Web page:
13 Tips for Getting Into Indoor Climbing

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The climbing gym can be an intimidating place, particularly if you’re just getting into the sport. For a great overview, check out our Expert Advice article on indoor climbing. Once you’ve reviewed the basics, check out these tips and tricks for navigating the plastic paradise.

The Where – Choosing a Gym

1. Gym Goals

Check out different gyms in your area to decide which one is the best fit for your goals and budget. Totally new? Ask about coaching or classes dedicated to technique, leading, cross-training and gym-to-crag. Training hard? Look for one with a full weight room, trainers, a systems board, moon board and/or campus board. Climbing with your family? Ask about kids programs—some gyms even have dedicated space for wee climbers. Want a climbing gym and yoga studio in one? Many gyms include yoga for free. Often fly solo? Ask how many auto belays the gym has. Before committing to a monthly membership, test out a gym by getting a punch card.

Wall at a climbing gym

2. Route Refresh

Investigate how often the gym resets routes and how many of each grade the gym usually tries to have. If you start climbing regularly, this can dictate how much fun you’ll have on fresh terrain and how you can progress. If you’re a new or moderate climber, you’ll ensure there isn’t only a bunch of 5.12s or V6s.

3. The Right Time

Indoor climbing is having a moment, and gyms can be shoulder to shoulder on popular weeknights. Go on your lunch break, or even better, early in the morning to have the routes to yourself.

4. Make New Friends

Climbing is inherently social—don’t be afraid to ask neighboring climbers for beta (route info). Remember, you never know when you’ll meet your next belay buddy. Soon enough you’ll have a crew to climb with, learn with and learn from.

5. Keep It Clean

It’s a major faux pas to use the bathroom with your climbing shoes on. Bring sandals. And, not that we need to tell you this, don’t forget to wash your hands. Climbing holds are communal, but germs don’t have to be.

The What – Gear Talk

6. Gear Up (Or Not)

Gear selection is an article entirely in itself (and you can learn more about it here), but gyms have rentals so you can test the waters to see if climbing is for you before investing. If you’re climbing routes (anything with a rope), you’ll need a harness, climbing shoes, chalk, a belay device and a locking carabiner. If you’re bouldering (no ropes), just shoes and a chalk bag will suffice.

7. Feet First

Remember, you don’t have to get into the medieval practices of foot binding. Climbing shoes should be snug, but not painfully tight. They’re also designed to be worn without socks. But if you’re renting and that grosses you out, bring the thinnest pair of socks you have. Ready to buy your own? Learn how to choose here.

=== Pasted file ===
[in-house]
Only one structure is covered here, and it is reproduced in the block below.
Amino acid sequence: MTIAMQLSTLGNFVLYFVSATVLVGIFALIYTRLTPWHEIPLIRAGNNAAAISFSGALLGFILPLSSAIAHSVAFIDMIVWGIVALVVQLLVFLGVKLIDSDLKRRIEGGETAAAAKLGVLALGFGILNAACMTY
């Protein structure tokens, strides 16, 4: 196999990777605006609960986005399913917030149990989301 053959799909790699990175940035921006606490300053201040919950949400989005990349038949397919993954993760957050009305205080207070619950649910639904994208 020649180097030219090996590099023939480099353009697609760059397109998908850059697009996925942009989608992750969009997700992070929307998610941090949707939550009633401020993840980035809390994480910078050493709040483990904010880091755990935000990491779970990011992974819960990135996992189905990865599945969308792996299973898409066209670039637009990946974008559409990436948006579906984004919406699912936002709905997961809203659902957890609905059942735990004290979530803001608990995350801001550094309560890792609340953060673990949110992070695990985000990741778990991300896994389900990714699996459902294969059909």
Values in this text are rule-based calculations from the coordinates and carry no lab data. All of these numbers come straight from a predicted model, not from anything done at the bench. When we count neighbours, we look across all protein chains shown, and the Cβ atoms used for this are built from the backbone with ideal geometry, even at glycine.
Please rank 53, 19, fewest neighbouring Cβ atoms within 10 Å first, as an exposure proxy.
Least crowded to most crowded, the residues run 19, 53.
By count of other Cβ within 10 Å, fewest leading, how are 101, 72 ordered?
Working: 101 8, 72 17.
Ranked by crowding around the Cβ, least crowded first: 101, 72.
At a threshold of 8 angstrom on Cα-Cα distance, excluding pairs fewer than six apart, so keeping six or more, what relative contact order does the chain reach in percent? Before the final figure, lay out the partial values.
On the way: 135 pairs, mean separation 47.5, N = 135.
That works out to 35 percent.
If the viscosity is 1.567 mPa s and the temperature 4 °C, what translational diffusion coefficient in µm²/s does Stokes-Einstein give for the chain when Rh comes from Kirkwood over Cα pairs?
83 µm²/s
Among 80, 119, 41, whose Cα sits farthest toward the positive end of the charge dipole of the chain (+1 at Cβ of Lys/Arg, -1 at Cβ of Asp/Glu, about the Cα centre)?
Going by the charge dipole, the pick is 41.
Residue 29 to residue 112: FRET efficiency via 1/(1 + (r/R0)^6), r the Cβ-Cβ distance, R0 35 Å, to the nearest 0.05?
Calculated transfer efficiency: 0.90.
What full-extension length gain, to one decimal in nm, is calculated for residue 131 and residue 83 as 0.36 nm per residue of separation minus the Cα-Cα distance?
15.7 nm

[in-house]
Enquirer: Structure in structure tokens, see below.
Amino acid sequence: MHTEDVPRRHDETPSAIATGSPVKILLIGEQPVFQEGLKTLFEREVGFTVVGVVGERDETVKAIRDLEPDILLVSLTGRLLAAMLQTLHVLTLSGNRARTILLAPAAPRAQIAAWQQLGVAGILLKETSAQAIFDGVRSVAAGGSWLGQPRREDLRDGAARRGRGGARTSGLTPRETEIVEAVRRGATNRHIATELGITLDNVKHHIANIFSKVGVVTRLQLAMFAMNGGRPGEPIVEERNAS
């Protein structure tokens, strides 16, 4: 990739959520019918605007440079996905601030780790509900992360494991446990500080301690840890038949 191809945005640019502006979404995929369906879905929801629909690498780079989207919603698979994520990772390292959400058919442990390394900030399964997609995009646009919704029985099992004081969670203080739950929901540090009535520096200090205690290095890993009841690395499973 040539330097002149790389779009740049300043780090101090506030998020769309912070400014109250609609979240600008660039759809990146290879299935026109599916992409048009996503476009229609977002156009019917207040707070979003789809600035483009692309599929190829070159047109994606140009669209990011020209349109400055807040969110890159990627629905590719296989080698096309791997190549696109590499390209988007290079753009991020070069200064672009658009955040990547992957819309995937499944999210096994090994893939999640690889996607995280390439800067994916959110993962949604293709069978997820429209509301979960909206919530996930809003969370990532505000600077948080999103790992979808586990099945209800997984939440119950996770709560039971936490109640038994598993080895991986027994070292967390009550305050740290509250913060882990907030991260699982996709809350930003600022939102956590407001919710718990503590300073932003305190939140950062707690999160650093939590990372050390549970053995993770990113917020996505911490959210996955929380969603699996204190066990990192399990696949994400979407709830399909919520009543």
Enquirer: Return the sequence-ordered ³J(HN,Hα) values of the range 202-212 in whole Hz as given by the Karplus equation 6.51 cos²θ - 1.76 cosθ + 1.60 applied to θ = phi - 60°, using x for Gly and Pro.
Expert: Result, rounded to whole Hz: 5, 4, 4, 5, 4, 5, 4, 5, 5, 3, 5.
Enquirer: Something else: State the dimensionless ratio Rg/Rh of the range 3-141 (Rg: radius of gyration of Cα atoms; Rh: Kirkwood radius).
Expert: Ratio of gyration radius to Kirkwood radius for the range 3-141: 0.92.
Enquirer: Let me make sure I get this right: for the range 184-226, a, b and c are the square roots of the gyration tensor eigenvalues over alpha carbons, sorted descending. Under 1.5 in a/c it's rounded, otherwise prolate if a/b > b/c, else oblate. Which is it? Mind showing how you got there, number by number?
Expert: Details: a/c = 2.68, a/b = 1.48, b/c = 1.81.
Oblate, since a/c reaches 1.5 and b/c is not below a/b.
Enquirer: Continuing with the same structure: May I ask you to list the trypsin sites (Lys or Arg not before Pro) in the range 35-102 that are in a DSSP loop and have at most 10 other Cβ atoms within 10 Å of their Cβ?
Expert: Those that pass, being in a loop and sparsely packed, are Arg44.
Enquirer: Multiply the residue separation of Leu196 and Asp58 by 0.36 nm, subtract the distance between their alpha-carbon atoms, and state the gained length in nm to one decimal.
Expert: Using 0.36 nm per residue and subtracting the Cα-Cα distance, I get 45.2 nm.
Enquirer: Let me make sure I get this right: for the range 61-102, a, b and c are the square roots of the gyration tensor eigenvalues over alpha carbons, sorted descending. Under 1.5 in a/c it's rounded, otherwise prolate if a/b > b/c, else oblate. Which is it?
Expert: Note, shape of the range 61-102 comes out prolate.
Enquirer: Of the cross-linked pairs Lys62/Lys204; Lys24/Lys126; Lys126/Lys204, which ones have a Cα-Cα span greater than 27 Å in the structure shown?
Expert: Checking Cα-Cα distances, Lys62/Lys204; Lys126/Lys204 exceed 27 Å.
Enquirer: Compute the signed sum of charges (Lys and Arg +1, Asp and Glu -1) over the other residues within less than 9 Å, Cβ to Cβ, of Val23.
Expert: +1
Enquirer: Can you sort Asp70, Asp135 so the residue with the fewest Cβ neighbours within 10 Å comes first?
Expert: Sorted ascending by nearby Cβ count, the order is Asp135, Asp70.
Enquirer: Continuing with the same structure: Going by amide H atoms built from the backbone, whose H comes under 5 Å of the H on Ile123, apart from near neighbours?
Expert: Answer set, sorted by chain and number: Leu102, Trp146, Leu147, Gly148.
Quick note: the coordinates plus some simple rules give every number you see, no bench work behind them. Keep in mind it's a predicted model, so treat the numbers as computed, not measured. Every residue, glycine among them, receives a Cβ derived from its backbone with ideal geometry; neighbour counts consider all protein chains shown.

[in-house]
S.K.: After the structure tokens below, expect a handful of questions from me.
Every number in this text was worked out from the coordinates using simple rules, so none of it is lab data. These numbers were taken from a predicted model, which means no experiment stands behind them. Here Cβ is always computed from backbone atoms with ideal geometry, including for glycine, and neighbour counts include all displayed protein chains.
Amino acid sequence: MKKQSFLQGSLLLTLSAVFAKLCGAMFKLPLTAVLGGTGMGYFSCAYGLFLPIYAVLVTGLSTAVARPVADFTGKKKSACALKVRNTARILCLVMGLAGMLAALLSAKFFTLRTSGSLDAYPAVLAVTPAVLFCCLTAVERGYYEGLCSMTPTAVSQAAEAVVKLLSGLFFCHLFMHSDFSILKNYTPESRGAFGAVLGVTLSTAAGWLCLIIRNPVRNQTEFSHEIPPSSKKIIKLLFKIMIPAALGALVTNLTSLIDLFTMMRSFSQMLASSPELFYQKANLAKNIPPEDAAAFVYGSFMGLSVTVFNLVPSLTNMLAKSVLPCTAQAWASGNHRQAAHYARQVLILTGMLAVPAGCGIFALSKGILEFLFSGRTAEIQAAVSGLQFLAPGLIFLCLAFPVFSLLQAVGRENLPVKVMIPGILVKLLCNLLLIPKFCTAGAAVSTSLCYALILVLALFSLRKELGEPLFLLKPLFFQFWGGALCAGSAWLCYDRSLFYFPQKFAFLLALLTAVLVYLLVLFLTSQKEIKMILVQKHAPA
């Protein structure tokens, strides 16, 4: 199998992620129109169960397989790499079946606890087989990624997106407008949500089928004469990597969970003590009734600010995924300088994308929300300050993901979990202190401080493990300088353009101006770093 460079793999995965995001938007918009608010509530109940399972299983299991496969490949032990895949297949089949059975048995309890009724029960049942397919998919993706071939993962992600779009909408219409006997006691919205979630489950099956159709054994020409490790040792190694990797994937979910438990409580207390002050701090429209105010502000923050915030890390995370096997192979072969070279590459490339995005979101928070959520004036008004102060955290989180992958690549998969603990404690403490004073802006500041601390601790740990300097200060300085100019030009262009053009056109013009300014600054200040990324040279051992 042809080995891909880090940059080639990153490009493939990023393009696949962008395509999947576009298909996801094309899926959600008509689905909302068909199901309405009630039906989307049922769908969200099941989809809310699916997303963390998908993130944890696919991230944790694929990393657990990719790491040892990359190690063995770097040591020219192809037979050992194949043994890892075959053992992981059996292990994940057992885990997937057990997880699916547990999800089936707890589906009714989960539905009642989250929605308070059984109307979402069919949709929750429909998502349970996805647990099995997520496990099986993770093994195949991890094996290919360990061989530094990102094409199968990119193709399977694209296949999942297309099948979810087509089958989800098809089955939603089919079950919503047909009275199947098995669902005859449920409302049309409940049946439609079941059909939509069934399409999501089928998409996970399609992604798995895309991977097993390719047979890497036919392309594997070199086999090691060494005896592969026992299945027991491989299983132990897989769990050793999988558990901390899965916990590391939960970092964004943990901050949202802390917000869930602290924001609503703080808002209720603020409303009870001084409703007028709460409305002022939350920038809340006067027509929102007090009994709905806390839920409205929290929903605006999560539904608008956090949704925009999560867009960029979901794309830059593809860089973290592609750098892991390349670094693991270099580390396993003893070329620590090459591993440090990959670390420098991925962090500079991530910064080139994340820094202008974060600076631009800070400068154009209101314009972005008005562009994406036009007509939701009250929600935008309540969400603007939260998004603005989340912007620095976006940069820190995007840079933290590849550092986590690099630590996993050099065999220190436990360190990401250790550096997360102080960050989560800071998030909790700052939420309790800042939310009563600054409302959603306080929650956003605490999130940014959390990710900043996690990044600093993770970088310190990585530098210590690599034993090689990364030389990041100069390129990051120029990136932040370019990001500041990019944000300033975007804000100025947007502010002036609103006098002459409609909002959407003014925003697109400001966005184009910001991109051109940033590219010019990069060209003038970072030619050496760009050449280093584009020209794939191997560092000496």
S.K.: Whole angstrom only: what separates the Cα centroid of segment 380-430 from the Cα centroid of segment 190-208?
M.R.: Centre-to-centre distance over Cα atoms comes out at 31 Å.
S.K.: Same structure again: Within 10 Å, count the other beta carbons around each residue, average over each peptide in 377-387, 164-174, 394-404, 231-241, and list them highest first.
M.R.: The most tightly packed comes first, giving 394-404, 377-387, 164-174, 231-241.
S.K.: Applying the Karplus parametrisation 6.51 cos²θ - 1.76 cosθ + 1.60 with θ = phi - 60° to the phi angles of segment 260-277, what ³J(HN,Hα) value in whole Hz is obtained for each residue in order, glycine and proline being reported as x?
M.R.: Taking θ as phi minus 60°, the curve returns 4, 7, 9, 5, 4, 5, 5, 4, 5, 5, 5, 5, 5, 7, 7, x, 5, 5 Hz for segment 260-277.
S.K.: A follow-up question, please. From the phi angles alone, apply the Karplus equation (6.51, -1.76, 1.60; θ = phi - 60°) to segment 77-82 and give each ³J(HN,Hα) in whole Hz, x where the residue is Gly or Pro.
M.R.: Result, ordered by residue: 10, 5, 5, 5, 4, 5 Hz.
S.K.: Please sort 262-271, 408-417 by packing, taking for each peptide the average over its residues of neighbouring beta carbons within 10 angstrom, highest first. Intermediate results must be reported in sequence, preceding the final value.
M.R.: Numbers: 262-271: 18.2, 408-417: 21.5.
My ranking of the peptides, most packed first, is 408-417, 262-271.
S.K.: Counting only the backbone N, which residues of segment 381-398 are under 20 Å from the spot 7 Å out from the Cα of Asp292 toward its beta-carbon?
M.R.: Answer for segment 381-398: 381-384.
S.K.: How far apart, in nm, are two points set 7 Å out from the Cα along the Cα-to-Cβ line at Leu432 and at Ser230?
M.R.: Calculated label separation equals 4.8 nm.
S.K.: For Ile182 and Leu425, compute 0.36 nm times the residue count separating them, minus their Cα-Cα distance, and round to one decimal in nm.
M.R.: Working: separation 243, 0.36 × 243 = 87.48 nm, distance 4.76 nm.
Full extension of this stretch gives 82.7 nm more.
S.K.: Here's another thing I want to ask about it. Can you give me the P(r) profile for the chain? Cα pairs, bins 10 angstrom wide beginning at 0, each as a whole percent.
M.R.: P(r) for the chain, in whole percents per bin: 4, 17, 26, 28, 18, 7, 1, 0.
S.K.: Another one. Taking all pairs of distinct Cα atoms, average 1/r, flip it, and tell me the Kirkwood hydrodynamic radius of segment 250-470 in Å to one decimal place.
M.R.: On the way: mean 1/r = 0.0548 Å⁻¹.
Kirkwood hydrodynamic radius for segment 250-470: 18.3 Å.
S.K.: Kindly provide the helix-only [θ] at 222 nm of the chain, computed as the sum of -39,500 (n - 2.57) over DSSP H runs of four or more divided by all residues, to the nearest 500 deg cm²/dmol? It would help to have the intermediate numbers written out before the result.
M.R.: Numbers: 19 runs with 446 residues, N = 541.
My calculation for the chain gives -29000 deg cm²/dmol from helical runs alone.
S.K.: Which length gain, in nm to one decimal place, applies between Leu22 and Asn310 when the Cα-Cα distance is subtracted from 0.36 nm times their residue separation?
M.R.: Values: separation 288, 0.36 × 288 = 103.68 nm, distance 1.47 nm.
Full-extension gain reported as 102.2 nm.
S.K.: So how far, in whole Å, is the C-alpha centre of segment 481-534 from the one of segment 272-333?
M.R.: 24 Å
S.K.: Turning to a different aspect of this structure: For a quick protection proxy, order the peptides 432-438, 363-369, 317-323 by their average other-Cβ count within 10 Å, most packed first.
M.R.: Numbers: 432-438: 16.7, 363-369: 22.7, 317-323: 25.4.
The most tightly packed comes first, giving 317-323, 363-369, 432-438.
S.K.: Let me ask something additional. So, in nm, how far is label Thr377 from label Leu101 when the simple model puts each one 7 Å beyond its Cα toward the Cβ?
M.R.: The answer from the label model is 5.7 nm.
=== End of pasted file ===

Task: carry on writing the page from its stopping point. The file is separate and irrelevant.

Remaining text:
climbing shoes, harness and a belay device

8. Chalking It Up

Chalk helps keep your fingers dry, and dry fingers have better friction on climbing holds. Friction is good. If you keep climbing, get a bag and some chalk (check out our selection of chalk and chalk bags). Note that some gyms require you to use a chalk ball to cut down on the amount of white dust flying around.

9. Chill Out

Gyms can be pretty chilly when you’re not actively climbing. Bring a layer to throw on while you’re waiting for a wall to open up or belaying your buddy. Keeping your limbs and joints warm between routes makes it easier for your body to stay in the swing of things during a gym session.

The How – Time to Climb

10. Climb Any Time

Keep a bag with your climbing gear in the car so you can swing by the gym whenever you want. Mitigate stink by making sure your shoes always air out. Don’t pack wet shoes deep in a bag; clip them to the outside.

Person preparing to climb at a climbing gym

11. Warm up, Send, Rest

Getting quickly obsessed with the vertical world? It’s easy to overdo it. Climb every other day to allow your body plenty of time to recover. Climbing can be taxing on your joints; a little cardio and dynamic stretching to warm up beforehand will do wonders for performance and recovery.

12. Pick a Project

Once you’ve moved beyond the basics, setting a goal or objective can help you focus and determine next steps. That route or problem that shut you down but feels possible if you work on it? That’s your new project and you are now projecting. Projecting helps you grow as a climber by developing technique, strength and the vision to unlock tricky sequences.

13. Check Your Ego

Bring an open mind, and don’t set unrealistic expectations. You might not top out on that blue route on your first try. Also, small children will likely climb better then you. It’s OK. Climbing is all about progression, and you’ve just made your first moves.

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